Theatre Bournemouth Gardens


When Dexter’s mum is sent to jail for getting mixed up in a jewellery robbery, it’s up to Dexter and his best friend Winter to get her out.

On their journey to uncover the truth and free mum, their detective work leads them to some surprising discoveries.

A mad-cap adventure story for all the family from one of the writers behind CBeebies hits RASTAMOUSE, APPLE TREE HOUSE and SWASHBUCKLE.

Nathan Bryon Q&A


Actor, author and screenwriter, Nathan Byron will be familiar to TV audiences from his roles in ITV’s Benidorm and BBC’s Some Girls.

Last Year Nathan’s one-man show Mixed Brain, a show about his mixed heritage premiered at the Roundabout at the Edinburgh Fringe and his latest play Dexter and Winter’s Detective Agency is touring in the Paines Plough Roundabout for six months including its local run presented by Lighthouse as part of Bournemouth Arts by the Sea festival.

Nathan has secured a three-picture book deal with Penguin Random House and his first Look UP! is out now. It has already been optioned to develop into a TV series.

On Saturday 28 September Nathan will host a free workshop for Lighthouse Young Writers at Roundabout in Bournemouth Gardens.


So, you’re an actor, author and screenwriter, can you give me a brief synopsis of what order they came in?

What came first, the chicken or the egg? I was an actor first, that was my first foot in and that was the first thing I knew I wanted to do and still want to do, which is great. The first time I ever wrote anything was at the Lyric Hammersmith, they had a poetry event called ‘lyric at lyric’ and I wrote and performed some poems – which we will never see ever again, thank God.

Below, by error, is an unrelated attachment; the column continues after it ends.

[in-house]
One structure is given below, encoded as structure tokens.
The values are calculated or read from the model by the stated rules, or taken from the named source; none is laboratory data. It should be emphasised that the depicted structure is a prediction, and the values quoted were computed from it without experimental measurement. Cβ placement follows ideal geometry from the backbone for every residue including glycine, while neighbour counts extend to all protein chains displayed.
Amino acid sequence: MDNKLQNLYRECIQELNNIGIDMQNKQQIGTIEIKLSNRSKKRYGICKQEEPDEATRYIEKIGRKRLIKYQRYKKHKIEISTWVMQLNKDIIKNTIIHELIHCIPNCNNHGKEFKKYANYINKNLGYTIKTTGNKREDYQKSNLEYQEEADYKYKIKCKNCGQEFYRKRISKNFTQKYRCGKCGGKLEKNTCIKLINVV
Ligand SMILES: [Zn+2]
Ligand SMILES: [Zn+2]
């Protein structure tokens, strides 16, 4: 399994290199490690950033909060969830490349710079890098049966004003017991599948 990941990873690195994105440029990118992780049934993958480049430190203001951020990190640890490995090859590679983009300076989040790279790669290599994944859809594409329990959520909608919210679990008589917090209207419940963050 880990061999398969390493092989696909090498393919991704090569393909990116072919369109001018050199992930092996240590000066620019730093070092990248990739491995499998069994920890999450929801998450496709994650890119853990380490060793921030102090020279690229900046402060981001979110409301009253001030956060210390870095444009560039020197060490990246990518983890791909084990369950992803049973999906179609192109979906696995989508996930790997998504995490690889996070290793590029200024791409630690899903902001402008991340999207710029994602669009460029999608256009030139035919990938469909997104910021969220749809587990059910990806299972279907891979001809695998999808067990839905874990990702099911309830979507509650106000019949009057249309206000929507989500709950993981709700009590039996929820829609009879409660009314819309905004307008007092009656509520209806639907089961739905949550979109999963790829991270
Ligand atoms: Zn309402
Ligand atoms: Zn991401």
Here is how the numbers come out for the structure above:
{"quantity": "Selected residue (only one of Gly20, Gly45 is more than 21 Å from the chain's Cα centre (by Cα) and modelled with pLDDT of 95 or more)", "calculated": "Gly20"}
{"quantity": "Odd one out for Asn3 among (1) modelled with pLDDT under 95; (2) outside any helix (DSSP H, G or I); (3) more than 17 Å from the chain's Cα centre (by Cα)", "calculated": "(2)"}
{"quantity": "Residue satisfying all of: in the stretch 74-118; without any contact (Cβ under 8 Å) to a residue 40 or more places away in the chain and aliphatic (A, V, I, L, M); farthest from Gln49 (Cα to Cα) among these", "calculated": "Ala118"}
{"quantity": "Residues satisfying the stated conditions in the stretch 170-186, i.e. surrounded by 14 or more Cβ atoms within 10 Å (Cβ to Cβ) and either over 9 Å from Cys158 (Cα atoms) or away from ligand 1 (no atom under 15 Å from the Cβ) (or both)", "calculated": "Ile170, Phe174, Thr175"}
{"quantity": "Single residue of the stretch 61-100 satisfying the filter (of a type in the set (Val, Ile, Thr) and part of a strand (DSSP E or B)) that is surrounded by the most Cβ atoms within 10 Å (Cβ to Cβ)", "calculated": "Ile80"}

The first thing I ever created was a story called Afro Kid about a girl with Afro superpowers that we are still working on so that is really exciting. Now, I have written my first children’s book and my first play Dexter and Winter’s Detective Agency and I am so excited to see it.

Can you tell us a little bit about your relationship with Paines Plough, how they supported and nurtured your journey up to this point?

Paines Plough changed my life. I have told George and James this, it was my university of theatre. Before I worked with Paines Plough, I was only going to the theatre when someone offered me a free ticket, but when I did the big Writers Room Fellowship, that completely changed my perspective on it.

Paines Plough allowed me to see different types of theatre, go to Barcelona to have an extract of my play put on and put Mixbrain on in the Roundabout a couple years ago – doing a one man show, that’s scary. Then George and James asked me to do Dexter and Winter’s Detective Agency, it has been an incredible! I also did the Fiery Angel scholarship which was awesome and allowed me to see loads of West End plays.

Now I feel like I have to write loads of plays because I have learned so much about how theatre is made. So yeah, Paines Plough I love them a lot!